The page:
Similar and contrasting dimensions of social cognition in schizophrenia and healthy subjects

Mehta, Urvakhsh Meherwan ; Thirthalli, Jagadisha ; Bhagyavathi, H.D. ; Keshav Kumar, J. ; Subbakrishna, D.K. ; Gangadhar, Bangalore N. ; Eack, Shaun M. ; Keshavan, Matcheri S. (2014) Similar and contrasting dimensions of social cognition in schizophrenia and healthy subjects Schizophrenia Research, 157 (1-3). pp. 70-77. ISSN 0920-9964

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Schizophrenia patients experience substantial impairments in social cognition (SC) and these deficits are associated with their poor functional outcome. Though SC is consistently shown to emerge as a cognitive dimension distinct from neurocognition, the dimensionality of SC is poorly understood. Moreover, comparing the components of SC between schizophrenia patients and healthy comparison subjects would provide specific insights on the construct validity of SC. We conducted principal component analyses of eight SC test scores (representing four domains of SC, namely, theory of mind, emotion processing, social perception and attributional bias) independently in 170 remitted schizophrenia patients and 111 matched healthy comparison subjects. We also conducted regression analyses to evaluate the relative contribution of individual SC components to other symptom dimensions, which are important clinical determinants of functional outcome (i.e., neurocognition, negative symptoms, motivational deficits and insight) in schizophrenia. A three-factor solution representing socio-emotional processing, social–inferential ability and external attribution components emerged in the patient group that accounted for 64.43% of the variance. In contrast, a two-factor solution representing socio-emotional processing and social–inferential ability was derived in the healthy comparison group that explained 56.5% of the variance. In the patient group, the social–inferential component predicted negative symptoms and motivational deficits. Our results suggest the presence of a multidimensional SC construct. The dimensionality of SC observed across the two groups, though not identical, displayed important parallels. Individual components also demonstrated distinct patterns of association with other symptom dimensions, thus supporting their external validity.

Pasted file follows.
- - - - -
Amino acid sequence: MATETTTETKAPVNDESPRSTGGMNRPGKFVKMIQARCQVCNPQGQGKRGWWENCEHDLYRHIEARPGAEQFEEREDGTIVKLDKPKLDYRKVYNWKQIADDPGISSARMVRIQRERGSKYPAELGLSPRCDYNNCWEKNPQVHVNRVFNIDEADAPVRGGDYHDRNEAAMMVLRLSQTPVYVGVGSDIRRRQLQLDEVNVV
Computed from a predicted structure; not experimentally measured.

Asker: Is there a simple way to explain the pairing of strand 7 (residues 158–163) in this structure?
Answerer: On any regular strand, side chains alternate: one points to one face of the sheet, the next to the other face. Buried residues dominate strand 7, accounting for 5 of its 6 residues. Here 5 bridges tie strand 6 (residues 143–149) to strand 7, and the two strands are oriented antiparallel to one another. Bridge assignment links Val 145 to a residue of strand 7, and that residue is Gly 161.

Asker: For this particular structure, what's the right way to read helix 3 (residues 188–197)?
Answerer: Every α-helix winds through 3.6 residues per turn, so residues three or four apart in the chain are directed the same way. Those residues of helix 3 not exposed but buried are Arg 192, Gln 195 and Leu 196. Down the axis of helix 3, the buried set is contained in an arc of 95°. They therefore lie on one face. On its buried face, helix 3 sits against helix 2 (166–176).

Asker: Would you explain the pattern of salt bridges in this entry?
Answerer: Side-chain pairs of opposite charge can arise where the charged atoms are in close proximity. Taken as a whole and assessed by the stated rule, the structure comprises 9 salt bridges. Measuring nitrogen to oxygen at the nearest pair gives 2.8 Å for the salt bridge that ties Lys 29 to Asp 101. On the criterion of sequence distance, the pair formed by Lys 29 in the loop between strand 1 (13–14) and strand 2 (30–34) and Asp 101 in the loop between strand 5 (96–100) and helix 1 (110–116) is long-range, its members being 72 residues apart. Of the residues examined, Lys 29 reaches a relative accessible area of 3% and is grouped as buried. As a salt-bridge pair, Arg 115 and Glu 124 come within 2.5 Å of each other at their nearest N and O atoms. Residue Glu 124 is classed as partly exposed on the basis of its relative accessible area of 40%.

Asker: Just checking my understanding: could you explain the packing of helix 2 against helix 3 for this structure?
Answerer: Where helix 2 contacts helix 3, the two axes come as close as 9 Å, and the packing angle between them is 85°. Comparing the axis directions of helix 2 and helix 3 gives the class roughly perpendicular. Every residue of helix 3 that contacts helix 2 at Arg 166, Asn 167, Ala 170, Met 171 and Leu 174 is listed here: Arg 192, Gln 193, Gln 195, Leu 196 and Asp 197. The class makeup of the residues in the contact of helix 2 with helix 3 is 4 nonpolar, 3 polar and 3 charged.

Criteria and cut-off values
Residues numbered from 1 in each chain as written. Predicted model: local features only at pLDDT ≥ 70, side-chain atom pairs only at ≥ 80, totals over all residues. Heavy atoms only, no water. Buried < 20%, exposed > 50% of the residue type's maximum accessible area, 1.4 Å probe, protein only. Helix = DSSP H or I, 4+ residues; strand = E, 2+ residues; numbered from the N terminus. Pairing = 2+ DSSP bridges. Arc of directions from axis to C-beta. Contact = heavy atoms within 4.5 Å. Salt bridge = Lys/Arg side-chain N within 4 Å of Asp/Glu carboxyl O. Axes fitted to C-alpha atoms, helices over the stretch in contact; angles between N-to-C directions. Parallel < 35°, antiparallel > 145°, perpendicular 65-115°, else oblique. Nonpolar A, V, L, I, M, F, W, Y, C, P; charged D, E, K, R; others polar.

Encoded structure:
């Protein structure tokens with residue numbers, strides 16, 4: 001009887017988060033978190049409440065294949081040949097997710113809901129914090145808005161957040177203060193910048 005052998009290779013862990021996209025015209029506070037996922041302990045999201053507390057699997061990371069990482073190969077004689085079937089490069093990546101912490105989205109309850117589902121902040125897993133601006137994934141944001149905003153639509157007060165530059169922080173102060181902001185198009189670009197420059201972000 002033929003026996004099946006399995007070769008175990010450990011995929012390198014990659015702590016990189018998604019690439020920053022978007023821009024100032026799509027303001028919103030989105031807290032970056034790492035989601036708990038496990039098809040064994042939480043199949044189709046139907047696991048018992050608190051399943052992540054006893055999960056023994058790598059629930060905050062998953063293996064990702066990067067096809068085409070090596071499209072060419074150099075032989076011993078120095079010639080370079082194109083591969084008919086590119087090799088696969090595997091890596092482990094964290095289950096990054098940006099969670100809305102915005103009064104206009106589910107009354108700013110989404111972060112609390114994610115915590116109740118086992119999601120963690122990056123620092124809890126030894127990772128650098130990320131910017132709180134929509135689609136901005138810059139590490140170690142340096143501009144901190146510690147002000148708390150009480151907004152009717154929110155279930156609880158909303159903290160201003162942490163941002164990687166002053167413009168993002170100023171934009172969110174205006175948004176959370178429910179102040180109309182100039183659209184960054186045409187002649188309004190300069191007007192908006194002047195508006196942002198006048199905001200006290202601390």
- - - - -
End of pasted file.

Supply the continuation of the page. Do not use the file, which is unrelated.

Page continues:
Item Type:Article
Source:Copyright of this article belongs to Elsevier Science.
Keywords:Factor Analysis; Social Cognition; Remission Schizophrenia; Comparison To Normal.
ID Code:118641
Deposited On:26 May 2021 11:26
Last Modified:26 May 2021 11:26

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